b) Deficiency Waiver in Writing – Sometimes lenders won’t agree, in writing, to waive the deficiency balance. However, it’s rare that even after such an instance that they will actually pursue someone for the deficiency after the sale is completed. Why? Because there’s no money to be had and they know it because they know your financial situation already and know you can’t afford to pay it.
c) Promissory Notes – Sometimes you must sign a promissory note in order to complete a short sale. However, this can usually be avoided with a counter-offer or by getting the buyer to pay a little bit more.
d) Credit – A short sale can negatively affect your credit score. However, most people believe that the consequences are still far better than having a lingering foreclosure auction and possible deficiency judgment against your credit.
e) Taxes – Sometimes there are tax consequences to a Short Sale. Homeowners will almost always get a 1099 from the mortgage company after completing a short sale. However, ask your CPA how to use debt cancellation to avoid paying those taxes.
f) You Need a Buyer – Without a buyer the short sale process cannot even begin let alone be approved. At Kentucky Solutions, we provide you with a Buyer (we will buy it!), a Realtor (to handle the sale), and handle everything with the mortgage company for you.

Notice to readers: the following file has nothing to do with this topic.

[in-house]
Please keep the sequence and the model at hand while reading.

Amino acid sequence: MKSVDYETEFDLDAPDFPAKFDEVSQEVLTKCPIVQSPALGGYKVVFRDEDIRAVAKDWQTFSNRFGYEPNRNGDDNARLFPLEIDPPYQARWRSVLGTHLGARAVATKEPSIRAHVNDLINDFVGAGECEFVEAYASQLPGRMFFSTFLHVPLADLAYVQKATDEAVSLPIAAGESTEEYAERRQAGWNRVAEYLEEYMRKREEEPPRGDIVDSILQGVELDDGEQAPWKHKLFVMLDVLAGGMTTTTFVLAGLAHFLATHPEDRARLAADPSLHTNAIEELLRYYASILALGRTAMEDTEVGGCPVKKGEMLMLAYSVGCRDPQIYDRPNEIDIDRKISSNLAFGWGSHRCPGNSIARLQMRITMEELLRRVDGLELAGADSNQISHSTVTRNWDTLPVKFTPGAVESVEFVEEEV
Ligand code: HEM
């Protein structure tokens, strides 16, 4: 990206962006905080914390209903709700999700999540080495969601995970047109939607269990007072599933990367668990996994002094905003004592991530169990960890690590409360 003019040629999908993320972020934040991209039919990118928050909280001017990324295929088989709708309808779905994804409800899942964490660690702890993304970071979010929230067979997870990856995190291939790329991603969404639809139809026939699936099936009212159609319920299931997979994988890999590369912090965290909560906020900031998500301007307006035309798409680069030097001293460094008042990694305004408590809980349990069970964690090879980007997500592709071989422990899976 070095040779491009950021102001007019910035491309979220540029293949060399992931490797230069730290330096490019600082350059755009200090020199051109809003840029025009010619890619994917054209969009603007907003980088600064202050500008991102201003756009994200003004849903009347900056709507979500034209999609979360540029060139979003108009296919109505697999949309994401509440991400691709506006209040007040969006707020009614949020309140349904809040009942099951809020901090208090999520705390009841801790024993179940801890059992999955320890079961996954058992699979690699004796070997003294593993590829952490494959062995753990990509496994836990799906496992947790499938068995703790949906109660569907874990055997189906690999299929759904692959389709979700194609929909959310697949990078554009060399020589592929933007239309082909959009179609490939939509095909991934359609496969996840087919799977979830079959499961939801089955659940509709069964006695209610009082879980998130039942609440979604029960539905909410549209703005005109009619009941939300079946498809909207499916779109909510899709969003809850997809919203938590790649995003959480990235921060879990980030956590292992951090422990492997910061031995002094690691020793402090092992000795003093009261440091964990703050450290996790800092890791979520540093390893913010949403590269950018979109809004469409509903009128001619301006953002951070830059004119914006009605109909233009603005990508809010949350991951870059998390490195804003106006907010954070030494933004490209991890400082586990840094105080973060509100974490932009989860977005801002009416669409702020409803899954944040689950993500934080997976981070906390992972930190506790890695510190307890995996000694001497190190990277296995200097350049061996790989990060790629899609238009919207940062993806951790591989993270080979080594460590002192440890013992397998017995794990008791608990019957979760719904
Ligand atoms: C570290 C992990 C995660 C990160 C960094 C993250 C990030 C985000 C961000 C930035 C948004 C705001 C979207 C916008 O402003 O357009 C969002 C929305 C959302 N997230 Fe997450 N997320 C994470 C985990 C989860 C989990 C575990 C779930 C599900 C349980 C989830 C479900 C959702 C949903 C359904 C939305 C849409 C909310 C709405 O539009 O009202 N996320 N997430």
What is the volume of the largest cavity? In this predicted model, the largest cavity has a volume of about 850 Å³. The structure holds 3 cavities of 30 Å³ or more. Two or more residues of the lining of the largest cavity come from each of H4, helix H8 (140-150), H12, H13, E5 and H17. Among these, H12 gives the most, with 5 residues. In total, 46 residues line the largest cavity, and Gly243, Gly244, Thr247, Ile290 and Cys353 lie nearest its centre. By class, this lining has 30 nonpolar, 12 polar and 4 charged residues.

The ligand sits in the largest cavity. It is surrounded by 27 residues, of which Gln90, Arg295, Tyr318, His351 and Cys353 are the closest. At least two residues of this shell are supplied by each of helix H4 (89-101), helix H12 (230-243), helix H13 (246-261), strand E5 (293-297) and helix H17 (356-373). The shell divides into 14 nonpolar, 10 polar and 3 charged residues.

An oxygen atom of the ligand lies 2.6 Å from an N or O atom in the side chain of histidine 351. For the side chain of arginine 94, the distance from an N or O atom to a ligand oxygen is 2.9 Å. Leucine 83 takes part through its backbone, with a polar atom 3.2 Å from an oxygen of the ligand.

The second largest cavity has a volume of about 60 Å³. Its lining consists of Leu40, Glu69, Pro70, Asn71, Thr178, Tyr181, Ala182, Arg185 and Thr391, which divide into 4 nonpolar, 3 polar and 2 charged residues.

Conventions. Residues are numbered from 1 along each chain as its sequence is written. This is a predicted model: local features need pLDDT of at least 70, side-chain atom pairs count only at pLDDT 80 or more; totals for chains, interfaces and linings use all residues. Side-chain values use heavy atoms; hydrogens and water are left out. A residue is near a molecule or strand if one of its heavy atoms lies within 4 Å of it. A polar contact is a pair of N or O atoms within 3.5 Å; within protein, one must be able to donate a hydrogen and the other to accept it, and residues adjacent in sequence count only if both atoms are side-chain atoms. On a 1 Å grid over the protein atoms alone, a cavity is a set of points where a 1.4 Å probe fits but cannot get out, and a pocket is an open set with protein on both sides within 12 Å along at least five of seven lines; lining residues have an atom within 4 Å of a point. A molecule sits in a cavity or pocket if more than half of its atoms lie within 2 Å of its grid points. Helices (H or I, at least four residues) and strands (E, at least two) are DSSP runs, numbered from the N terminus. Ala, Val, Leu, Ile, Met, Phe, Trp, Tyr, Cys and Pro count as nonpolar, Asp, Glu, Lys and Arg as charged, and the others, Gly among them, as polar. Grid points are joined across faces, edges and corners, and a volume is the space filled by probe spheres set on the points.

g) Time – It can take 3+ months to complete a short sale. However, if you’re still living in the house that means FREE RENT for as long as it takes to complete the short sale.
At Kentucky Solutions, Our Short Sale Clients Have NEVER:
- Been pursued for a deficiency judgment
- Had to pay for a promissory note
- Turned down a short sale approval terms that we negotiated.
- Complained about the effects of the short sale on their credit scores.
- Had issues having to pay taxes on a short sale we completed.
However, our clients have always been very happy after completing a short sale with us.
SHORT SALE BONUS! Make Money Doing A Short Sale?
Did you know that there is a way to get the mortgage company to pay you money for doing a short sale? You could earn $1,000 or more if done properly. Contact us directly for more information.
Parts 2 & 3 of this Short Sale foreclosure series will be available shortly. Until then: To Learn More About Short Sales, Visit Our Short Sale FAQ